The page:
Why no one talks of depression in the film industry.
Robin Williams’ apparent suicide at 63 forces us to look at depression in the lives of celebrities more carefully.
As celebrities, people end up being just one word really, ‘Aspirational’. Their lives, the way they look, the way they behave, even when belligerent, their choice of cars, homes, hotels, even toothbrushes are meant to be something mere mortals can aspire to. And somewhere the idea that everything you do must be this large can create quite a dichotomy in a star’s mind. When life, even for them, is a lot of pitfalls along with the accolades. If you’re doing the films that’re making the moolah you’re being critically panned, if you’re doing smaller films, you probably realize that you’re suddenly not really getting much work even though the work you’ve done is stellar because it isn’t making the big bucks. A lot of stars are constantly being pitted against their former works because their current work doesn’t quite live up. And then to have a stable relationship when people half your age are throwing themselves at you constantly can’t be the easiest thing, for stars across the gender divide. In our country, we especially don’t talk of stars as human beings. How can a god be going through sadness, how can a deity be going through depression? So no one ever talks of their lows, no one ever talks of the sadness they have to endure, the loneliness, the pain they go through at the hands of the relentless devil known as the box office. When on a Friday someone can lose a 100 crores, definitely the person on whose shoulders that whole stroke of luck rests must be going through hell. And your divorces, your financial troubles, your mistakes are all going to be spoken of at every table in the country, fodder for people to plaster their insecurities onto forever. How must it feel?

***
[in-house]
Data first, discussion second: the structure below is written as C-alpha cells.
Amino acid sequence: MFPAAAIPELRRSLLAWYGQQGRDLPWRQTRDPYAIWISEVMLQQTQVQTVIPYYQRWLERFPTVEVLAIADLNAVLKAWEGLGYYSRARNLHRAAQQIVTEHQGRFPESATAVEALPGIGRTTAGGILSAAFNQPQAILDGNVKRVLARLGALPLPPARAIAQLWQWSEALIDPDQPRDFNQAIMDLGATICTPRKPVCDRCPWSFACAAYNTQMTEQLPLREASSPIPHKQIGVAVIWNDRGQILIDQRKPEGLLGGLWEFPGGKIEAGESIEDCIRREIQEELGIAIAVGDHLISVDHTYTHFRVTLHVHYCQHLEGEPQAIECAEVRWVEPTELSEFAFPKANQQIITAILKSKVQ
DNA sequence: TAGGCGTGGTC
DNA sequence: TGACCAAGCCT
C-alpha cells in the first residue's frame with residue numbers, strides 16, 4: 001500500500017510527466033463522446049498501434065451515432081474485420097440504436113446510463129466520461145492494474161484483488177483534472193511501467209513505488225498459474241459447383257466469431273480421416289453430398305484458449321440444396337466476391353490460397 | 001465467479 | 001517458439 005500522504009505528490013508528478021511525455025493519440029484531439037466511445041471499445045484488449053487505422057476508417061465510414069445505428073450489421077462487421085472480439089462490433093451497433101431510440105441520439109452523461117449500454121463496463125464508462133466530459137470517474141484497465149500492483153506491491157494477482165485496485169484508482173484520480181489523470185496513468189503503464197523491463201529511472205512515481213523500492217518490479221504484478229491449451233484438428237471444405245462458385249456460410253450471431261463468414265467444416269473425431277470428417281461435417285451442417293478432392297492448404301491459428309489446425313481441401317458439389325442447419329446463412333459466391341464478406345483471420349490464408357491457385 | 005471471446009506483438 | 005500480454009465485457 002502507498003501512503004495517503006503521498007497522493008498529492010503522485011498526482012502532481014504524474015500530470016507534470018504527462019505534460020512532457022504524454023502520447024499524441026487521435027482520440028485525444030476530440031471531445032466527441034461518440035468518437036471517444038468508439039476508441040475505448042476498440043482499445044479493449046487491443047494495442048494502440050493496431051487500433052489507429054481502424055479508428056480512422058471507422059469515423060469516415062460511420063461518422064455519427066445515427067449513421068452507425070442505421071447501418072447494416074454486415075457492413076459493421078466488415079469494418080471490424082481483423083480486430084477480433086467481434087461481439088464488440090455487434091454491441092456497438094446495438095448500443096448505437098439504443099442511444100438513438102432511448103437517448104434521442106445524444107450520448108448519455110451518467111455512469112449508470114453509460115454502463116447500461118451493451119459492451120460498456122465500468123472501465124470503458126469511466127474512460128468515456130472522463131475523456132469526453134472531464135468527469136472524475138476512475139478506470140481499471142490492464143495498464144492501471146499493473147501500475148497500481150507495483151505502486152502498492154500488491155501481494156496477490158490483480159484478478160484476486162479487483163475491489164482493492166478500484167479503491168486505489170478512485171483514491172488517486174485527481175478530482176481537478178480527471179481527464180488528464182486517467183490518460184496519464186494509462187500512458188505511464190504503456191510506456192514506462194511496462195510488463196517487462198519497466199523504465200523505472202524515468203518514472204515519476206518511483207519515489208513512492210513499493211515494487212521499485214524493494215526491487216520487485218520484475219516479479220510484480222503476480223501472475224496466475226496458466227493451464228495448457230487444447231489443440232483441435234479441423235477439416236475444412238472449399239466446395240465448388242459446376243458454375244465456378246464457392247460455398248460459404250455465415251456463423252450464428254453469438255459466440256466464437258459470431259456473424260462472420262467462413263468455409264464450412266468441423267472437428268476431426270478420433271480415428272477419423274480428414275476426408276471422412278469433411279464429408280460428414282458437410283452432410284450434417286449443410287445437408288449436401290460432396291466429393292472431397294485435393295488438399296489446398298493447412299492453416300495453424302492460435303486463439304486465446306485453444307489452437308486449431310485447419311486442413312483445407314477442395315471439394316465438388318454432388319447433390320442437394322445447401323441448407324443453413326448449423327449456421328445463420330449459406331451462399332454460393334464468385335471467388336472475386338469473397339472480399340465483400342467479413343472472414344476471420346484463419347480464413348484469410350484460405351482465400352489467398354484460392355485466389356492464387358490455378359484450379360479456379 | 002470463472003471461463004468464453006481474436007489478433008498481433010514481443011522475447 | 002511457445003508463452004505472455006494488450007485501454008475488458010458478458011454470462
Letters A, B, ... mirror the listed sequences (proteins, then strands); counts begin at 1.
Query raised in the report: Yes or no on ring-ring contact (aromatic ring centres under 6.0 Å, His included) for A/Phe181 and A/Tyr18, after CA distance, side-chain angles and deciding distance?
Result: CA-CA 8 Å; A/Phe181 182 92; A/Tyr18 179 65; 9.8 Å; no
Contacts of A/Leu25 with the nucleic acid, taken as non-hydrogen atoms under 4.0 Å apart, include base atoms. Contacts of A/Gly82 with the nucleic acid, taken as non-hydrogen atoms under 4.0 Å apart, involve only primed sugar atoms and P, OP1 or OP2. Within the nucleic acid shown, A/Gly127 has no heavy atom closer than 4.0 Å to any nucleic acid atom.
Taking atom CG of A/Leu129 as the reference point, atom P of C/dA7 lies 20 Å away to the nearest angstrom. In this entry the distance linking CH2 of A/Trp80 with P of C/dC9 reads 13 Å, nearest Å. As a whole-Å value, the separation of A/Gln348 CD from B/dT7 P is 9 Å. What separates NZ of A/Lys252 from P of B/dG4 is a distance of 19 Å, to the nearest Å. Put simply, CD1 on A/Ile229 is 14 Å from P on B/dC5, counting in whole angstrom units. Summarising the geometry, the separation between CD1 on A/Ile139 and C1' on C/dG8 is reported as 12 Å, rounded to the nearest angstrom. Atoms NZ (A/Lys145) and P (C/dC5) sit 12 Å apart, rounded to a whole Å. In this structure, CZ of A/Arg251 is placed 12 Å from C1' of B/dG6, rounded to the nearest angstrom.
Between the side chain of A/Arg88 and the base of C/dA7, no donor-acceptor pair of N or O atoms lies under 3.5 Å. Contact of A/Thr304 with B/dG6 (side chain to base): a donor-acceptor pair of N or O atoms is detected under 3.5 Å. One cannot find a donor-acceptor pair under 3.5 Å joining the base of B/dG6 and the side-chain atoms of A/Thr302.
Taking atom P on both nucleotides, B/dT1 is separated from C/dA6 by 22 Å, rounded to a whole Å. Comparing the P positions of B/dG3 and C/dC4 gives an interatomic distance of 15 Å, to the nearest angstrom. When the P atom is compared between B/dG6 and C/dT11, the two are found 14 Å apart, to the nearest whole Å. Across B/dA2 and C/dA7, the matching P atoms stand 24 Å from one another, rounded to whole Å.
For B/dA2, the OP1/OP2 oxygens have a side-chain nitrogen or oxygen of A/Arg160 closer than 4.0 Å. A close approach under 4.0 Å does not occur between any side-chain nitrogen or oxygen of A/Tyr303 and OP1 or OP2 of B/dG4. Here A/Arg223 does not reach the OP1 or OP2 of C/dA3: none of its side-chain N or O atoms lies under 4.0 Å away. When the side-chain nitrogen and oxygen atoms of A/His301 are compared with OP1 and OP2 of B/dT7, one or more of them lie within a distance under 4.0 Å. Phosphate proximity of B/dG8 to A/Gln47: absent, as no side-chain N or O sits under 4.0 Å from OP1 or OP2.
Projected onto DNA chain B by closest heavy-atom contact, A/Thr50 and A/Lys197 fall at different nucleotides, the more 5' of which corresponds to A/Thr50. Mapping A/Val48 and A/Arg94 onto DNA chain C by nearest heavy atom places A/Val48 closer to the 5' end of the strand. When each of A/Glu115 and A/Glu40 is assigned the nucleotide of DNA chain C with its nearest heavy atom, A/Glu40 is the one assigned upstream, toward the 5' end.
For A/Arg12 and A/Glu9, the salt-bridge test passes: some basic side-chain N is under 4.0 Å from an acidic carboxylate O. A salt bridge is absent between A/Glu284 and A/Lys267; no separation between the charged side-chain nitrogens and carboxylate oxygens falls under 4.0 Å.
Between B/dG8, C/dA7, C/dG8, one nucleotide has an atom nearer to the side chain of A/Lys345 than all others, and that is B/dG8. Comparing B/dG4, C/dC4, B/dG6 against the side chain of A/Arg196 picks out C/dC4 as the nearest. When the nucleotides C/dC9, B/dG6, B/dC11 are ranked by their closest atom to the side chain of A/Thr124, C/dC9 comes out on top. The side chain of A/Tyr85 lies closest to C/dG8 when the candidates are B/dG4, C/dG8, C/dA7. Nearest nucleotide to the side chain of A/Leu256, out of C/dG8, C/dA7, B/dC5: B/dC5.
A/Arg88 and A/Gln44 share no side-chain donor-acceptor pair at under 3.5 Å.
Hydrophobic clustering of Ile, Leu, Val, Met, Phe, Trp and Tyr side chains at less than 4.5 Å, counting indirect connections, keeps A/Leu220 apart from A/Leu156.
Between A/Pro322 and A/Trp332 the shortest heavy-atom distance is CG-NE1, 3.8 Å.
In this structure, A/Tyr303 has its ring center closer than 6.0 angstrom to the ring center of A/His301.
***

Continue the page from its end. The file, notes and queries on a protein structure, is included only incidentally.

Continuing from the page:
Once you’ve etched work in the public memory your life is unfortunately going to be compared to that work forever. It’s almost as if setting up a good piece of work has forced you to compete with yourself for life, in a race where you will be shamed for not living up to yourself, that too going by someone else’s perspectives. And somewhere, in your eyes own too. Orson Welles must’ve spent his entire life trying to match up to Citizen Kane and this must apply to every star. To expect someone to continue to give us insightful, deep, yet blockbuster films for life is one hell of an expectation, yet that’s something we expect without even realizing it from stars. It is almost as if, the more good content you create, the larger the fall from this pedestal will be. If a man creates ten good films, when he makes his first blunder, his fall will be that bad, which speaks of an absolute unforgiving audience. We create heroes of common men because we need them to survive, we need their stories of events that’re superhuman so that we can kindle the superhuman within, and then we love watching them fall. When they rise, they carry our hopes and when they fall they carry our insecurities. This, in its essence is the burden of being a star.